This isn’t just any homemade meatloaf! This balsamic meatloaf recipe is juicy and moist, and features sauteed onion, zucchini, and carrot in the mix. It’s topped with a balsamic vinegar and ketchup glaze that caramelizes as it cooks for a ton of flavor.
“MAAA, THE MEATLOAF!!” <— There’s no way that I can cook or eat meatloaf without that Wedding Crashers quote being yelled around the house throughout the day. No possible way.
But I’ll gladly endure obsessive movie quoting if it means that balsamic meatloaf with vegetables is for dinner. I have to say: this is a meatloaf worth craving…if meatloaf qualifies as a crave-able dish. For starters it’s incredibly juicy, which is only helped by the fact that there’s a whole onion, zucchini, and carrot grated into the mix.
How to make balsamic meatloaf with veggies
Contrary to many meatloaf recipes, it starts with vegetables! One onion, one carrot, and one zucchini. And a few garlic cloves.
Now don’t be alarmed by the skillet full of grated vegetables. While you’ll see little bits of the carrot and onion in the meatloaf once it’s cooked, the zucchini all but disappears from sight and taste, instead just lending a ton of moisture.
The carrot and zucchini are definitely sneaky vegetables in that you don’t taste them in the final product. The meatloaf mixture holds together well and doesn’t feature any awkwardly large vegetable chunks. Grating the carrot and zucchini are key!
Next up: the meat. You’ll need two pounds of meat for this balsamic meatloaf. I used an equal mix of ground beef (ground round, 85% lean/15% fat) and ground pork, but you can also use a packaged meatloaf blend if your store carries that. I’ll usually pick that up for convenience, but it’s hit or miss at my store if they have that in stock. If not I’ll buy a one pound package of ground round, and one of the pork.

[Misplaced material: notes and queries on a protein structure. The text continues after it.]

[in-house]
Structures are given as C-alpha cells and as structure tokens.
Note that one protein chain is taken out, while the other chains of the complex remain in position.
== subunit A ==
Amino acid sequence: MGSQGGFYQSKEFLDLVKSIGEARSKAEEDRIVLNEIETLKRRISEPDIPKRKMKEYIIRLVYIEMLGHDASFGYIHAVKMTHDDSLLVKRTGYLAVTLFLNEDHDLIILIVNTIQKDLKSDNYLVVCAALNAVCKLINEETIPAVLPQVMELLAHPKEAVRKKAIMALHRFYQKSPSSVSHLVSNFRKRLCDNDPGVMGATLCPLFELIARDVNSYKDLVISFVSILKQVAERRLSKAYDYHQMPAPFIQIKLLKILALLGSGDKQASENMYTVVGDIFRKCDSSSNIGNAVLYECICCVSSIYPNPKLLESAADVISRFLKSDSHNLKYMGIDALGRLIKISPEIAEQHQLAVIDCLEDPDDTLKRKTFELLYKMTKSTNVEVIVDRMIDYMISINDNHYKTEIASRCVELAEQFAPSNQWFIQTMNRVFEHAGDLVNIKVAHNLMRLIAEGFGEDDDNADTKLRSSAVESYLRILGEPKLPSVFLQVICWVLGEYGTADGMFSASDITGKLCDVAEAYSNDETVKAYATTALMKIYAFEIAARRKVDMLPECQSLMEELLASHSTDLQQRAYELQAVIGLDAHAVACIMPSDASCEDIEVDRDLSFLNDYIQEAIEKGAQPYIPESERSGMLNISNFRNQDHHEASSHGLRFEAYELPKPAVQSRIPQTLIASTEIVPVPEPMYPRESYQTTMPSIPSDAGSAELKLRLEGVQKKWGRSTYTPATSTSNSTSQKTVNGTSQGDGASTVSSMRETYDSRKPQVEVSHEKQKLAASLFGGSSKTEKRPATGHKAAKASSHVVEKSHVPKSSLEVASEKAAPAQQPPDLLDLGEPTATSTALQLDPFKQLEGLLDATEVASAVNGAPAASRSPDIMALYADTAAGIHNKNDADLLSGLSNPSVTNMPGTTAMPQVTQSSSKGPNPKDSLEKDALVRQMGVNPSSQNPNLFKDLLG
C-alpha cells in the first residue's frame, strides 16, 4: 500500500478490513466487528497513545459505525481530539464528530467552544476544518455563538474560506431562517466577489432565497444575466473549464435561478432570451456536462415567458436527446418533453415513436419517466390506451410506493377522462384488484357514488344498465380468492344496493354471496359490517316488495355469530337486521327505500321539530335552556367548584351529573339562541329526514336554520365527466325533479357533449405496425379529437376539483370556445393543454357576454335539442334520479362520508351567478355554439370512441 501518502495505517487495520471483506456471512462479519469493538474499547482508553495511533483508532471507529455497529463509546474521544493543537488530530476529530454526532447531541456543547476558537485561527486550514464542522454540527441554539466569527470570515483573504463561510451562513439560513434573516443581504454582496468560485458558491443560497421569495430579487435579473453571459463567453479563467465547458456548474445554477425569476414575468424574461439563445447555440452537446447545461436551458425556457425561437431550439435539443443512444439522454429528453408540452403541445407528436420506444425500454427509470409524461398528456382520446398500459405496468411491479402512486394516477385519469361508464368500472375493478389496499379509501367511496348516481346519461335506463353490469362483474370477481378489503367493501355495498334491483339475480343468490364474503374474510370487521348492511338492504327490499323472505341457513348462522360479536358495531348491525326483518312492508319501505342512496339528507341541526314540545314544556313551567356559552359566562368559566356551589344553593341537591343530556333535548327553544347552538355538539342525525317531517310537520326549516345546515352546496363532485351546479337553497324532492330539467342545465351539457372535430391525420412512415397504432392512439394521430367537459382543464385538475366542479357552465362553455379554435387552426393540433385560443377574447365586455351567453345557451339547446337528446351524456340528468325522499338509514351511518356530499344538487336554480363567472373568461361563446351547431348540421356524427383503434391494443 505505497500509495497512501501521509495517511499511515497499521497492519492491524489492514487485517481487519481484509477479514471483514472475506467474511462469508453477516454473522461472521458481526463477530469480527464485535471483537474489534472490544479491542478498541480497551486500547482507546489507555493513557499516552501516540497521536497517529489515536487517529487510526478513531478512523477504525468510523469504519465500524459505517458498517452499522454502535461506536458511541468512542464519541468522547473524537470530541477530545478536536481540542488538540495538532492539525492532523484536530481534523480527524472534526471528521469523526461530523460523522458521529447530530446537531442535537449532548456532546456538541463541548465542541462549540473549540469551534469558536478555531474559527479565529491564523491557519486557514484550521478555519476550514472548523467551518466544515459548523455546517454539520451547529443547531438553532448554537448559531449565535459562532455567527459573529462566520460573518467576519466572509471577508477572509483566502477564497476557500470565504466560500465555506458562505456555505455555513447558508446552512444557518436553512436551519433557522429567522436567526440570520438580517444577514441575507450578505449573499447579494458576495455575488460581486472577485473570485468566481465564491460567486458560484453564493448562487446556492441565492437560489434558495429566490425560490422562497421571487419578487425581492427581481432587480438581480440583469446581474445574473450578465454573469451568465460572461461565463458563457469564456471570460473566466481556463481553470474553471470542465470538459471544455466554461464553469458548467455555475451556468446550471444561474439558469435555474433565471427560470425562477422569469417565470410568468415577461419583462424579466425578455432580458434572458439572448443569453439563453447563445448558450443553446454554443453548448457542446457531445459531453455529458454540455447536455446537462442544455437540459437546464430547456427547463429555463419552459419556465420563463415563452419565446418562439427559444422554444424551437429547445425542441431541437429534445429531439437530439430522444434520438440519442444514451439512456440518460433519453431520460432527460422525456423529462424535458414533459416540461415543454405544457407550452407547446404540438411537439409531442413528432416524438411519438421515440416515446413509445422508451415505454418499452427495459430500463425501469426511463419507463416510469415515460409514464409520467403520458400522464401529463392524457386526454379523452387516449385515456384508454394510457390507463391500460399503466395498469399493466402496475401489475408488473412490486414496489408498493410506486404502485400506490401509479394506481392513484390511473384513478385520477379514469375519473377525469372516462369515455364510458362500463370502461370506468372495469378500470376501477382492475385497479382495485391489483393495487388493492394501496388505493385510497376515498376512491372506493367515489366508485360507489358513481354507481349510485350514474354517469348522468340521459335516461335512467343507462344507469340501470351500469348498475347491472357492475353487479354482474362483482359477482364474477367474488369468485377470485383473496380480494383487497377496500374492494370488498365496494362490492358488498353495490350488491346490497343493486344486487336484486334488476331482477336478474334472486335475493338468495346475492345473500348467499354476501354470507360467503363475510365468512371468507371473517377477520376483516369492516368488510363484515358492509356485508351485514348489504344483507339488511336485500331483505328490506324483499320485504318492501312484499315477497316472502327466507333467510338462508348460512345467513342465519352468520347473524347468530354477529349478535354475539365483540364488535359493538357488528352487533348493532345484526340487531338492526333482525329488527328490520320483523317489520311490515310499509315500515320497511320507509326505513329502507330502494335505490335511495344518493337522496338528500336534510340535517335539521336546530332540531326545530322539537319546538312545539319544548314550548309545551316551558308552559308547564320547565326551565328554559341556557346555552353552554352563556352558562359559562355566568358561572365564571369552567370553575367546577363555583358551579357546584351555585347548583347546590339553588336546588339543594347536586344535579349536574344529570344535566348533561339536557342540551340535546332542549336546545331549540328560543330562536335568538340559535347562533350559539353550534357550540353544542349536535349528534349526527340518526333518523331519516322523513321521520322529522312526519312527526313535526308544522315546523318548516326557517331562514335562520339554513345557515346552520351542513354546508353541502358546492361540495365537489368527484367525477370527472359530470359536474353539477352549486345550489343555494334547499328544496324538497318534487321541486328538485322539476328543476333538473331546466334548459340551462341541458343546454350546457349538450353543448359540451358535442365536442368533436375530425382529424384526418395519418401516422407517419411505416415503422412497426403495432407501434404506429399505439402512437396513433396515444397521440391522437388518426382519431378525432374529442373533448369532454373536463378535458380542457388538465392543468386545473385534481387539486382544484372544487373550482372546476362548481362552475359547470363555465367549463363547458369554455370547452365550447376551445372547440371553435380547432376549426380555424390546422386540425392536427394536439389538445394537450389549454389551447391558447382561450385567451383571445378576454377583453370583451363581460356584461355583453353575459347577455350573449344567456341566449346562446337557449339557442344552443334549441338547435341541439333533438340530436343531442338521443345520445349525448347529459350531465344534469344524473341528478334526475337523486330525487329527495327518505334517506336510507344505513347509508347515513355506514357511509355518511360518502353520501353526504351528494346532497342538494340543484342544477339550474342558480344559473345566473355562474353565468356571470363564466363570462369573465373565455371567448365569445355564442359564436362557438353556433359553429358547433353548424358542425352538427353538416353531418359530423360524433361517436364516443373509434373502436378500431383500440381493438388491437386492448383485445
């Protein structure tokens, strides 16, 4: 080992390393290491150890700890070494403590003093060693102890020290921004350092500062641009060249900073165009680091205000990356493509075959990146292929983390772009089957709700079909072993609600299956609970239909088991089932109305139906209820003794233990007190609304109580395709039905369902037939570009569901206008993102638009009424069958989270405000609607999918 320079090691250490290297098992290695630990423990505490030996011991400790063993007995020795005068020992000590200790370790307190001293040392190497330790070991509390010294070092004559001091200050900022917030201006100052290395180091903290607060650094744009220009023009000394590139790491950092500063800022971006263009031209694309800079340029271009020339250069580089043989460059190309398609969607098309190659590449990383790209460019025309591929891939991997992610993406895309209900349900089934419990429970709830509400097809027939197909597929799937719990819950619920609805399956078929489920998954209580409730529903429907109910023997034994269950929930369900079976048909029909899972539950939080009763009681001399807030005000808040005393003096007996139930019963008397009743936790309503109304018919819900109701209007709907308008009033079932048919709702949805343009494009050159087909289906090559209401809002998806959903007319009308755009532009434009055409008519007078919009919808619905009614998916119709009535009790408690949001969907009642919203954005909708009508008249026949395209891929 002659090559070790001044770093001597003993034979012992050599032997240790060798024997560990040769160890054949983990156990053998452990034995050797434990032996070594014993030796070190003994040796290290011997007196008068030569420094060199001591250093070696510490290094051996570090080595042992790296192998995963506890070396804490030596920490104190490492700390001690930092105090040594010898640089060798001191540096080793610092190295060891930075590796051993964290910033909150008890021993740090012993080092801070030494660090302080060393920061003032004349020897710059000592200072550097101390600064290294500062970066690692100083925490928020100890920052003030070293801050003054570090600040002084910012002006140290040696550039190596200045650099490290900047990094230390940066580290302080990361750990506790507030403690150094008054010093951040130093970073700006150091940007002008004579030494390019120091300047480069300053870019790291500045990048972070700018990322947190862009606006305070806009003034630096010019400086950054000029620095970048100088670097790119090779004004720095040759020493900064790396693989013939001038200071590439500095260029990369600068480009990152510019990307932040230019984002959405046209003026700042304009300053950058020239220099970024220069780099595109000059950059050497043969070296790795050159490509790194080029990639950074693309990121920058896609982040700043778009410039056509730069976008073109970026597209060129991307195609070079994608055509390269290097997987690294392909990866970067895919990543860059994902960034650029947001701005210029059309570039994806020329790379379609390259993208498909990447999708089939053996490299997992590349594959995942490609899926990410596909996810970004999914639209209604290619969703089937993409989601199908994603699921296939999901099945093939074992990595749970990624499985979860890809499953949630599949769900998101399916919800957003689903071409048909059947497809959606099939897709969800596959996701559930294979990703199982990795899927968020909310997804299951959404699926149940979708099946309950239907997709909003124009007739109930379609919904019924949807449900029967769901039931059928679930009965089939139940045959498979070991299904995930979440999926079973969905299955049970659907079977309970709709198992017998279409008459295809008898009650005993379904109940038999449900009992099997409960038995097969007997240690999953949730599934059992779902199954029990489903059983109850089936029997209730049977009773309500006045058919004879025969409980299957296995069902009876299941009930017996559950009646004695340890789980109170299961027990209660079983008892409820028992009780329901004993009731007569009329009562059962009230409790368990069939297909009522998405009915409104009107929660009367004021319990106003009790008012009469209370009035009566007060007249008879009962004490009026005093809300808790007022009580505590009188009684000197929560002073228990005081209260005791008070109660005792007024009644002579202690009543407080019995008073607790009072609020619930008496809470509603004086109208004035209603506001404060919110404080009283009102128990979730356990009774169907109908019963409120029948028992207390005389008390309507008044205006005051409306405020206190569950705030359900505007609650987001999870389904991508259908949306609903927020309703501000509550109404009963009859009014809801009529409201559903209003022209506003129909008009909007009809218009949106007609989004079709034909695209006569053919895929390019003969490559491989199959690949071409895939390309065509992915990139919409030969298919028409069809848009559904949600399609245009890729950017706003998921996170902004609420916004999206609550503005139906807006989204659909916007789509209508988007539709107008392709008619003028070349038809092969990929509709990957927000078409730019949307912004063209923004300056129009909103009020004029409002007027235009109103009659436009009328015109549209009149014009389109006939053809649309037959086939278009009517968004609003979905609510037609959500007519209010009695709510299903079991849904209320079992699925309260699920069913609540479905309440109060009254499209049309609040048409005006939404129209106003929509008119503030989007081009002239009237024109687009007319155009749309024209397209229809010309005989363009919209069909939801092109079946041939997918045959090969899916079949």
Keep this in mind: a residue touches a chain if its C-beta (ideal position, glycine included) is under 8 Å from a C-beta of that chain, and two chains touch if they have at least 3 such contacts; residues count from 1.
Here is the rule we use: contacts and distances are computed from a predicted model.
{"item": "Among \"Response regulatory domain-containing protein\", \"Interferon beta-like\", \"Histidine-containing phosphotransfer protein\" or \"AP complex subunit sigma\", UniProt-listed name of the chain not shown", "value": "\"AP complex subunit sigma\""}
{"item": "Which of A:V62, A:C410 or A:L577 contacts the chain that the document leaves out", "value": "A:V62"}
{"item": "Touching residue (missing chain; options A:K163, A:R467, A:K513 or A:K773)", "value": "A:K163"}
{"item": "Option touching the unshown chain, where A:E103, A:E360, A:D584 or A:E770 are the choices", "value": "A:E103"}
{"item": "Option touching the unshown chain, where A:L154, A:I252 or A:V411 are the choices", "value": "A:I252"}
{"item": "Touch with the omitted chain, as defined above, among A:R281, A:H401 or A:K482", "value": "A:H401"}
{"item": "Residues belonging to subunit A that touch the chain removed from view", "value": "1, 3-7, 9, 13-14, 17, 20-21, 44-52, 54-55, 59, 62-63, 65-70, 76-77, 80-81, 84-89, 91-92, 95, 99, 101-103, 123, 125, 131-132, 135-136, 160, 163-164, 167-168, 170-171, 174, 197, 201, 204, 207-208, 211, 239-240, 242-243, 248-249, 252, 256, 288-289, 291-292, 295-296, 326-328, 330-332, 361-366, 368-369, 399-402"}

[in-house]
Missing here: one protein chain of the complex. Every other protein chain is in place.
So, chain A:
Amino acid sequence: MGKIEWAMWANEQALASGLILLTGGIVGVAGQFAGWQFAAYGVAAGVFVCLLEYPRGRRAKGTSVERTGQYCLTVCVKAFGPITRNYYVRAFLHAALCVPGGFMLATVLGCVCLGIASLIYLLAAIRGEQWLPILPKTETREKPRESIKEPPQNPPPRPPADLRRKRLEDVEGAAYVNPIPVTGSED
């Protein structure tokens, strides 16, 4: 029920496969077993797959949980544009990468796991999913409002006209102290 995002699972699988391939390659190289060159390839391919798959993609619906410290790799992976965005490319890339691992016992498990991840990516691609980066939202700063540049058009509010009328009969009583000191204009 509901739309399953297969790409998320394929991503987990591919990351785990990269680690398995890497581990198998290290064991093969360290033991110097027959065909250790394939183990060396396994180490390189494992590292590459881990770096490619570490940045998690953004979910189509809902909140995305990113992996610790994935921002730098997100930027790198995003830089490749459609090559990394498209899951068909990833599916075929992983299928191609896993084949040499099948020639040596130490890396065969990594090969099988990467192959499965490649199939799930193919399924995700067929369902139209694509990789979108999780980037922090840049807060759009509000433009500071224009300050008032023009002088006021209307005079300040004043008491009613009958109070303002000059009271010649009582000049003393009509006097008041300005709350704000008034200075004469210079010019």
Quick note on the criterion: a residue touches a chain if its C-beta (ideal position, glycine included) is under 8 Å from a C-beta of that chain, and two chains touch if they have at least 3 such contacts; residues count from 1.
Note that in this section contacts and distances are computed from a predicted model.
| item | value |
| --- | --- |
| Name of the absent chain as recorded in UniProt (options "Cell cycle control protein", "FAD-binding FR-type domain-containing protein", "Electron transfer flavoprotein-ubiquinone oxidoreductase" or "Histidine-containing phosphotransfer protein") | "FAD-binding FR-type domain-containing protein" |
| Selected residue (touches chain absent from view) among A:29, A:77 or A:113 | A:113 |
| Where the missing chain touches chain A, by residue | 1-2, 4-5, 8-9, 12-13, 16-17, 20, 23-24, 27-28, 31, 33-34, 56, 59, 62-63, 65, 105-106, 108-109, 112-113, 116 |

After sauteeing the veggies, all that’s left is to combine all of the balsamic meatloaf ingredients in a big mixing bowl and shape them onto a rimmed baking sheet. We have eggs for binding, ketchup, balsamic vinegar (more on that later), Parmesan, parsley, Worcestershire, breadcrumbs, and salt, and pepper.
You’ll notice that the recipe card calls for using all panko breadcrumbs. That’s my preference! The photo above shows that time I made it with a mixture of panko and Italian seasoned breadcrumbs as I ran out of panko. Still delicious you don’t have enough panko to cover everything.
Balsamic vinegar is a big component of this balsamic meatloaf recipe, as it’s featured in both the meatloaf mixture itself and the glaze.
The glaze is arguably one of the things I crave the most. Instead of a straight-up, traditional ketchup glaze for meatloaf, an equal amount of balsamic vinegar is whisked together with ketchup and brushed on the meatloaf before it cooks. As the balsamic meatloaf bakes, the glaze deepens and the sugar in the ketchup begins to caramelize.
Some of the run-off glaze will cook into little crispy bits on the baking sheet and my husband and I will fight each other to grab those bits for our own plates.